Radio Silence is more than just a literary journal: it is also a nonprofit corporation that publishes print magazines and puts on live events with writers and musicians. A portion of all their sales is used to buy books and musical instruments for kids. You can check out their website for show times and to make donations for their mission to preserve arts education.
Review by David R. Matteri
Co-publishers Celia Blue Johnson and Maria Gagliano of Slice magazine want to take a moment of your time to share with you their rabid obsession with literature: “This issue of Slice was designed to interfere with your day. We want you to miss your subway stop because you were too busy turning the pages.” This is no joke, dear reader. Obsession is the theme of this issue and every story, poem, and essay is dangerously addictive to read. Subjects range from the mundane to the insane and every piece of writing is sure to keep your attention as your train passes you by.
“Twelve Letters to my Assassin” by Steven Wingate is about a scientific genius who is obsessed with a childhood friend/rival who promised to kill him when they were young. The death threat emerged over the naming of a species of salamander the two boys found by a river. The rival wanted to name the amphibian after a girl he had a crush on. The narrator refused and thus began a lifelong obsession and bitter rivalry. The narrator’s letters start out arrogant and condescending to his would-be killer:
11 April 20xx
I have decided to shorten your name, because if you are going to kill me as you constantly threaten . . . I need to get a few digs in and remind you what a pathetic copycat you have always been. What a slave to my genius your own genius cannot resist being.
As the letters continue, our narrator changes his tone and realizes he is not as clever as he thinks. This story is absurdly funny, like a Saturday morning cartoon, but also has a tragic heart that speaks of loneliness and desperation.
Joshua Bodwell’s “What is Stolen Can Never be Returned” shows us a different kind of obsession featuring an old woman spying on her younger, rowdier neighbors. Her husband was a consummate seaman who had died years ago to cancer: “He drank as he loaded bait buckets and he drank as he pulled traps. He was at his best when he had some suds in him. It’s strange, I guess, that a drunk everyone assumed would drown at sea ended up wasting away on dry land with a case of cancer.” The woman directs her bitterness and frustration on a teenage girl she sees stealing a pack of beer from another neighbor’s truck. Driven by a misguided sense of justice, the woman calls the police to “nab that little thief, and teach her a goddamned lesson about messing with other people’s things.” I like how Bodwell makes you hate the old woman’s snooping, yet sympathize with her loneliness.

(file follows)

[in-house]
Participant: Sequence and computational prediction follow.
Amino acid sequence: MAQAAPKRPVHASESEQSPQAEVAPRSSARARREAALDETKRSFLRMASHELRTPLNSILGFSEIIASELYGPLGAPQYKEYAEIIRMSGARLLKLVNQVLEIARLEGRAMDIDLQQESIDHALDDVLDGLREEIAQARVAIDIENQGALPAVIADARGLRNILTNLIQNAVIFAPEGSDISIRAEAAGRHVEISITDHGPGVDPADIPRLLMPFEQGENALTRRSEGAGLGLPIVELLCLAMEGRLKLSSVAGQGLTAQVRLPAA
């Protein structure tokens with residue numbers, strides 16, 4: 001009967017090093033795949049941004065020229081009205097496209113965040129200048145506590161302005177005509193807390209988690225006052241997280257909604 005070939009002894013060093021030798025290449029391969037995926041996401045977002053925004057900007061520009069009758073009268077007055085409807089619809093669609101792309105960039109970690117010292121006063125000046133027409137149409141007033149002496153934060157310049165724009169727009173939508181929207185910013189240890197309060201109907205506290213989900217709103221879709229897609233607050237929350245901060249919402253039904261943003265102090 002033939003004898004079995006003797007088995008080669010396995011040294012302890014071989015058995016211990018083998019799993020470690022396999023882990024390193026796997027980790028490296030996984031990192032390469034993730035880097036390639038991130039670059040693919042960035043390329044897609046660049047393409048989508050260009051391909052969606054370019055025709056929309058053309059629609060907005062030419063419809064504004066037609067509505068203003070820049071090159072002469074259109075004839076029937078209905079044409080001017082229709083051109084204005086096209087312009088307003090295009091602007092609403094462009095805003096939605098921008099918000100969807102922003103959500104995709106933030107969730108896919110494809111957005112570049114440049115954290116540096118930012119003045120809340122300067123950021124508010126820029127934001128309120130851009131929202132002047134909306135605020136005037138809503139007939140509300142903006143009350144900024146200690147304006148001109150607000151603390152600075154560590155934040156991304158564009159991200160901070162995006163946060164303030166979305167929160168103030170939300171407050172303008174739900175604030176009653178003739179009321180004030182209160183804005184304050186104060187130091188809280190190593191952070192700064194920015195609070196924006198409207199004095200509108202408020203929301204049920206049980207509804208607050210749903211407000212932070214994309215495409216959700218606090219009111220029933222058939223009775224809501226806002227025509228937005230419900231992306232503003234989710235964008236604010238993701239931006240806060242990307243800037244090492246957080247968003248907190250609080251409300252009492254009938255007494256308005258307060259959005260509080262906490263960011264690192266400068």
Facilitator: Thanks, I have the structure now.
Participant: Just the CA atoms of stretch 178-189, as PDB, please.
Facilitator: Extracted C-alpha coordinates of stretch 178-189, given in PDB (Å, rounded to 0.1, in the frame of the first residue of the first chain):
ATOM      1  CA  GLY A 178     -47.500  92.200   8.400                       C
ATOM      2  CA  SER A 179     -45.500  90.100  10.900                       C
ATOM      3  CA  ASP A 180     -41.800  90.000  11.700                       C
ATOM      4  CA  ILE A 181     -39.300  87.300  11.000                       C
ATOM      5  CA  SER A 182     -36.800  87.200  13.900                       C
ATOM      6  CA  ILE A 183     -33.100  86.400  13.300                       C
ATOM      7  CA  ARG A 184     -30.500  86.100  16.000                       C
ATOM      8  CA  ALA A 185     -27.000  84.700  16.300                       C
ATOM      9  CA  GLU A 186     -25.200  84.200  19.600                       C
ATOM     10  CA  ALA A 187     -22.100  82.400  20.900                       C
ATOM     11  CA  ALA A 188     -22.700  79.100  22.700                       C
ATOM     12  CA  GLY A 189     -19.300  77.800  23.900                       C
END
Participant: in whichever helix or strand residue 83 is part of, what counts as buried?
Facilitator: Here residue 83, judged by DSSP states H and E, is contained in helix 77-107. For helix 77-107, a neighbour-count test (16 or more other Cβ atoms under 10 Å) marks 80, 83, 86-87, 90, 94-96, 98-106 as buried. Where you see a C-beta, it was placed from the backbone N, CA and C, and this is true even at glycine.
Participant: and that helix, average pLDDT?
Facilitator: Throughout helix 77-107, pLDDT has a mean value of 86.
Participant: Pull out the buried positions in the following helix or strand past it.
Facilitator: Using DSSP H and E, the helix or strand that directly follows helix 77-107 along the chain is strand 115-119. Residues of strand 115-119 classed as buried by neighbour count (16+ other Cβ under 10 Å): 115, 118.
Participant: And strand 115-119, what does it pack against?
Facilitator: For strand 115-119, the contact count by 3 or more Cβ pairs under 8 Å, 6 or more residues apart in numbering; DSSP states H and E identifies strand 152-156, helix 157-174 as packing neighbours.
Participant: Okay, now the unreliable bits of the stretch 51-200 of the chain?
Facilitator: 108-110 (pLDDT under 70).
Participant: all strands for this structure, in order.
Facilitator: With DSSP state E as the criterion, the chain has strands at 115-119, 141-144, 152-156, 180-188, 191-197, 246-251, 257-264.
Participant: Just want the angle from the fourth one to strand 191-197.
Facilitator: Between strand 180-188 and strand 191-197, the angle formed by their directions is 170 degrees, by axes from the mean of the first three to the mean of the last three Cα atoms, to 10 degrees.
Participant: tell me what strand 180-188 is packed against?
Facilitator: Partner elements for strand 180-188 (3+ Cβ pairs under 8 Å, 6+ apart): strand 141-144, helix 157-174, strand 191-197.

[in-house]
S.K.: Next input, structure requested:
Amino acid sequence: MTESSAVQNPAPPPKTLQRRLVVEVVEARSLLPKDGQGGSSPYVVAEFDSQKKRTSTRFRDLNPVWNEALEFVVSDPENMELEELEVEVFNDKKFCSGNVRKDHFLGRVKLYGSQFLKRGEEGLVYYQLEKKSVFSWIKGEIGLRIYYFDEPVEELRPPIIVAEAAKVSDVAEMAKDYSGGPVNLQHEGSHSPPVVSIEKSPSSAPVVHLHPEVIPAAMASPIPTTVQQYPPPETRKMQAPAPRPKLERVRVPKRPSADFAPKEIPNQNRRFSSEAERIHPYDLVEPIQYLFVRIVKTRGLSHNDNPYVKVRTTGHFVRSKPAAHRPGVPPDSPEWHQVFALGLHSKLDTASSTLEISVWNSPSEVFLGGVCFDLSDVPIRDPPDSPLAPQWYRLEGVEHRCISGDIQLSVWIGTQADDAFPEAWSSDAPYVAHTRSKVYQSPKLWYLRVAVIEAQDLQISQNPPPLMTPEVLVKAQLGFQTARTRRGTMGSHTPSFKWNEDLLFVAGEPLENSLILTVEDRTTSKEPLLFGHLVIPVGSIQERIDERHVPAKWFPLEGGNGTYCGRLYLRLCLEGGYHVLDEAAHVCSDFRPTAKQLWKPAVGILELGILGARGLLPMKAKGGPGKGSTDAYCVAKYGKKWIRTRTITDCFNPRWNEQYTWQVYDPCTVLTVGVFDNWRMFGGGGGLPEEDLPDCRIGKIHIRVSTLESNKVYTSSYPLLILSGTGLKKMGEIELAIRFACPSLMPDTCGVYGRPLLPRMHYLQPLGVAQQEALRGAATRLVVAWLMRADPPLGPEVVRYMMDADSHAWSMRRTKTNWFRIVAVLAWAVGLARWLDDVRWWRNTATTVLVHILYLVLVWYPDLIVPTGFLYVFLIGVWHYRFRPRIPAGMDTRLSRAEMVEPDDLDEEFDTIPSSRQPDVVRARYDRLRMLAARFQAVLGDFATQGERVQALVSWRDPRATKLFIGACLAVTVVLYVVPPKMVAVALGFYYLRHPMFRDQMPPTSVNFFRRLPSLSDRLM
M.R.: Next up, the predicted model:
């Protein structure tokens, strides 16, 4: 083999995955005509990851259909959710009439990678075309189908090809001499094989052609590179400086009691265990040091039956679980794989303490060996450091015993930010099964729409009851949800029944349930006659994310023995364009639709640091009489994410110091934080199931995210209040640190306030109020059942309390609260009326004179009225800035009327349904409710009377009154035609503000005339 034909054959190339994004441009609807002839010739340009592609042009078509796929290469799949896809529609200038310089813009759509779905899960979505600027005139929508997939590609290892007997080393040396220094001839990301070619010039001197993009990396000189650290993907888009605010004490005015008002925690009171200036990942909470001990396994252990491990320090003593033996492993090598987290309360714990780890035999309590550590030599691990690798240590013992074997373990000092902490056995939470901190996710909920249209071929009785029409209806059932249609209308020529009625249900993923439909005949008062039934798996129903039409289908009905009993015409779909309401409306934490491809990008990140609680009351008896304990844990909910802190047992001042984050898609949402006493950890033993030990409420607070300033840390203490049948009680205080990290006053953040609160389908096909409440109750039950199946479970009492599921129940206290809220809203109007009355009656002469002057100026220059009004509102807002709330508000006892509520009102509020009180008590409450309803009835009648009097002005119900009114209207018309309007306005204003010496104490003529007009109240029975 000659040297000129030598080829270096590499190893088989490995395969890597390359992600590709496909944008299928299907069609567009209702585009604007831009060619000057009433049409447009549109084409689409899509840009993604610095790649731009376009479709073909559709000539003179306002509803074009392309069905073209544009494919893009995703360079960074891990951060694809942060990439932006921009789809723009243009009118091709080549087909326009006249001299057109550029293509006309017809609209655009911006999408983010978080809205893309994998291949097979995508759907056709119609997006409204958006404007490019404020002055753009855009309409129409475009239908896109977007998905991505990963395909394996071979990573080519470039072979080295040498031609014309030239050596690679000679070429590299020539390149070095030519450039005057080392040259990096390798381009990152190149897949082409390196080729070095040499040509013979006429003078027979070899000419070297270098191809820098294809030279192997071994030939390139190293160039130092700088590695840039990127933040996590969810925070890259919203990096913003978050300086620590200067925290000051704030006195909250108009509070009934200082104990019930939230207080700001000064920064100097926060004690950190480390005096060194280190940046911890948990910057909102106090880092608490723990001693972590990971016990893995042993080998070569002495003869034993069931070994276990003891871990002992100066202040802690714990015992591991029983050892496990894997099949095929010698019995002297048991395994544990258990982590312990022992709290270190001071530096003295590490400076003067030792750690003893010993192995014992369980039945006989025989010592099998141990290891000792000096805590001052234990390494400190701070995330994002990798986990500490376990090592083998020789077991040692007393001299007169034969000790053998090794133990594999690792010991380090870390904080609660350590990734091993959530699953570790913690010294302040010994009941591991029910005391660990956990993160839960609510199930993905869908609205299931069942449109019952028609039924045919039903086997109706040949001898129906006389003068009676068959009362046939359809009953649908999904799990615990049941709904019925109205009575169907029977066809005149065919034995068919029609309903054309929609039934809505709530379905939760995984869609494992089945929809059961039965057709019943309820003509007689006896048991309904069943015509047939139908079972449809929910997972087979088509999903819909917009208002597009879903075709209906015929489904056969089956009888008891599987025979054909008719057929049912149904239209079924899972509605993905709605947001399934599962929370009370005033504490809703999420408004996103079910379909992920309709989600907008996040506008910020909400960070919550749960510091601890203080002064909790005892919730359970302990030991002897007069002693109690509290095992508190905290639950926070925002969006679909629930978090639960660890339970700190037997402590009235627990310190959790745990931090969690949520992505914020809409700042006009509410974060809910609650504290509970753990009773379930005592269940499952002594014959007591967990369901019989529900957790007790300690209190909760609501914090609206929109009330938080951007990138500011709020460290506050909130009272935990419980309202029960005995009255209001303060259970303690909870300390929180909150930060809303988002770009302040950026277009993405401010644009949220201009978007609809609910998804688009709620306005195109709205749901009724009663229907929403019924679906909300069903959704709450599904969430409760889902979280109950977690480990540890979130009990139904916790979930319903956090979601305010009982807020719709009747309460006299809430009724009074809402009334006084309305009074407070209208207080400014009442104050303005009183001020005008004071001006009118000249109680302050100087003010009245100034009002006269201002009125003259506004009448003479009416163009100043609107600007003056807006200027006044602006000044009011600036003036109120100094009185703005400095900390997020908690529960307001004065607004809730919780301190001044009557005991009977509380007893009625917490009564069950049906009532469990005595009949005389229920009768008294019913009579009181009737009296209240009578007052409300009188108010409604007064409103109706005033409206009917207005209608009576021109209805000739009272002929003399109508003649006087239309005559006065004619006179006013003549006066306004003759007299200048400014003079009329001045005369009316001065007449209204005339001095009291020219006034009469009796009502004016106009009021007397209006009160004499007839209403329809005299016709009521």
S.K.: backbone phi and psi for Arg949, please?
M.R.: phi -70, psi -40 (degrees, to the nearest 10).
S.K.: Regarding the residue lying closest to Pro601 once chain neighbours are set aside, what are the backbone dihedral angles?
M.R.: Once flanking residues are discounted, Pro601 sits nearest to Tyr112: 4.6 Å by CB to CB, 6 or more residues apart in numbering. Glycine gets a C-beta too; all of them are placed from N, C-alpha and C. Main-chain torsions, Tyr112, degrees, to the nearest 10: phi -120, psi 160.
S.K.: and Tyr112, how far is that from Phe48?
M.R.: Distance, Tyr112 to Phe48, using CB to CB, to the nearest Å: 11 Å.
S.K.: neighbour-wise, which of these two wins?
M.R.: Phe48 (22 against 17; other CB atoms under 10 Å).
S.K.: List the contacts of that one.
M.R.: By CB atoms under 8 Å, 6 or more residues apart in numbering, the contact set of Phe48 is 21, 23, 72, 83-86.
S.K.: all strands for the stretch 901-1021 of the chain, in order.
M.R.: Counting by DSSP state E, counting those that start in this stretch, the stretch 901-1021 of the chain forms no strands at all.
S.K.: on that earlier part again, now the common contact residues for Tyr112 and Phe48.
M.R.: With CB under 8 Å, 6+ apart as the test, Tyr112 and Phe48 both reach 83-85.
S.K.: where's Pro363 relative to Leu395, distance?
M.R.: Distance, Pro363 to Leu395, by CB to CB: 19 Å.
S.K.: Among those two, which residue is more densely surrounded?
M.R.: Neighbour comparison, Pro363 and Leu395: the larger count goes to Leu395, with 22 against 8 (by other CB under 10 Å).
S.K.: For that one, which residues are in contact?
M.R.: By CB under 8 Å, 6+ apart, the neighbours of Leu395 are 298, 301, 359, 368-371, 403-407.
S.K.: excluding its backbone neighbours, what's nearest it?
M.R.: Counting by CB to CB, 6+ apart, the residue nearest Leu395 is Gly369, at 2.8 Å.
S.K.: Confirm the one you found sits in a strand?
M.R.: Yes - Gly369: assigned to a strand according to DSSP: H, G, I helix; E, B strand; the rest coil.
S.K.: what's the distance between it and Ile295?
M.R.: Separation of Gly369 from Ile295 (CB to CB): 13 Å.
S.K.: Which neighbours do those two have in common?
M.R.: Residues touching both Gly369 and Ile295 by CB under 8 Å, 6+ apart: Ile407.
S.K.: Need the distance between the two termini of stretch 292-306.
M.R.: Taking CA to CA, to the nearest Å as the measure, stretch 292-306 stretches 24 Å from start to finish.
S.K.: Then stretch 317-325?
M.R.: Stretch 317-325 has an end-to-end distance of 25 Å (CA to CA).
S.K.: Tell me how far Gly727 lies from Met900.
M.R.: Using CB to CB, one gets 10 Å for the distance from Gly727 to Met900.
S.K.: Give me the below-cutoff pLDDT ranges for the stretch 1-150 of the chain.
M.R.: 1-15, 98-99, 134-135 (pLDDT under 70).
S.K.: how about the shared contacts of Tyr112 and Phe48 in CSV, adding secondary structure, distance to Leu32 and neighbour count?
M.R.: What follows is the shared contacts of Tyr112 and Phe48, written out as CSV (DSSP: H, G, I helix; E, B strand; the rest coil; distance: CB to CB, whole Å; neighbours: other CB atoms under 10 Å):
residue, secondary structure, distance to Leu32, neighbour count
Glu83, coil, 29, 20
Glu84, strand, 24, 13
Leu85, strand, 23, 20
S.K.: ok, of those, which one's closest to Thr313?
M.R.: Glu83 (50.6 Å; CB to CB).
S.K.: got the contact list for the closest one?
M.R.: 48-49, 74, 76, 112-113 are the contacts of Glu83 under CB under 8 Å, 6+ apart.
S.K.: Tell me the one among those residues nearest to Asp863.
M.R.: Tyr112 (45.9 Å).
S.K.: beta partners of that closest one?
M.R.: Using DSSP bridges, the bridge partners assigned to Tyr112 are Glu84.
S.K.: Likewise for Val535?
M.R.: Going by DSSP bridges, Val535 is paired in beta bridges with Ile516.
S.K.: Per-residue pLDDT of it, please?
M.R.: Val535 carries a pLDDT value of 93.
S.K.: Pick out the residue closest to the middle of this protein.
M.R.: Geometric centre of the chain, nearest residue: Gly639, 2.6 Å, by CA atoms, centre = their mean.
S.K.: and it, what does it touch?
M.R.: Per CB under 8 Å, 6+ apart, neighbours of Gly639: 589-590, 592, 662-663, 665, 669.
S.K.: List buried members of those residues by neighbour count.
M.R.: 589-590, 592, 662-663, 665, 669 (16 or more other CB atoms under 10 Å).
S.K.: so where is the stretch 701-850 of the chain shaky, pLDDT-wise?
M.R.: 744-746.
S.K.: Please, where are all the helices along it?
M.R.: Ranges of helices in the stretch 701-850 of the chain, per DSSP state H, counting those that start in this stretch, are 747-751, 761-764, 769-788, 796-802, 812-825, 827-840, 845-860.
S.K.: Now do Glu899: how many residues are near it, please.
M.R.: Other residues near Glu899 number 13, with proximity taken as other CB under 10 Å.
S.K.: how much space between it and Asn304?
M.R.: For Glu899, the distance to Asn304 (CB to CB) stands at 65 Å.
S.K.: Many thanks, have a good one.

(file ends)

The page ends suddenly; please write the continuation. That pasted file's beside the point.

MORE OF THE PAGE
We Americans are obsessed with our sports. Baseball, football, and basketball are just a few of our national obsessions, but there is another national sport that doesn’t get as much attention: Spelling. David Ellis Dickerson talks about his lifelong obsession with spelling bees in his autobiographical essay “For the Love of Words.” Dickerson was a spelling guru by the time he reached kindergarten and was reading at a college level by the third grade. He entered his school’s spelling bee confident in victory:
I kicked ass. The words were pretty easy, and I knocked them aside with relief. Salient. Echoic. Transom. I even nailed mugwump. By the final round it was down to just me and a third grader, and the only reason the third grader was still around was that he’d gotten even easier words than I had. I mean, come on: swampland? How is that even a spelling word? And don’t get me started on February.
Dickerson’s struggle ends in tragedy when he misspells the final word due to the ill advice of one of his teachers. But his obsession with spelling does not die in the third grade. Dickerson continues to participate in spelling bees as an adult. He learns that winning is not important when it comes to spelling because in the end everyone is “simply thrilled to be around words, and I just bubbled over with the fun of it.”
My two favorite poems in this issue are Todd Colby’s “Let Us Know You’re Here” and “Scram.” Colby strings together a wonderful set of words to create fantastic images and moods, as in these first few lines to “Let Us Know You’re Here”:
I stuffed my silver spacesuit
full of cashews. I wanted to explain
about how when I’m out there, and physics,
and the food they give me, well, I’m rambling.
Rambling seems to be the connecting theme of these two poems. “Scram” is all questions related to memory and a longing to return to another time with an unnamed partner. Here are my favorite lines in the poem:
Do you remember when the crowds
would disperse along the river and wander
into the hills split not only by desire but the muted
nobility of earnestness and palimpsests?
For some reason, this sticks out to me because there is a sense of good friends breaking apart and going their separate ways. Perhaps you can find your own meaning in these poems.
Overall this is a great issue full of great writing. This issue can certainly suck you in and make you late to work, but, seriously, don’t miss your bus.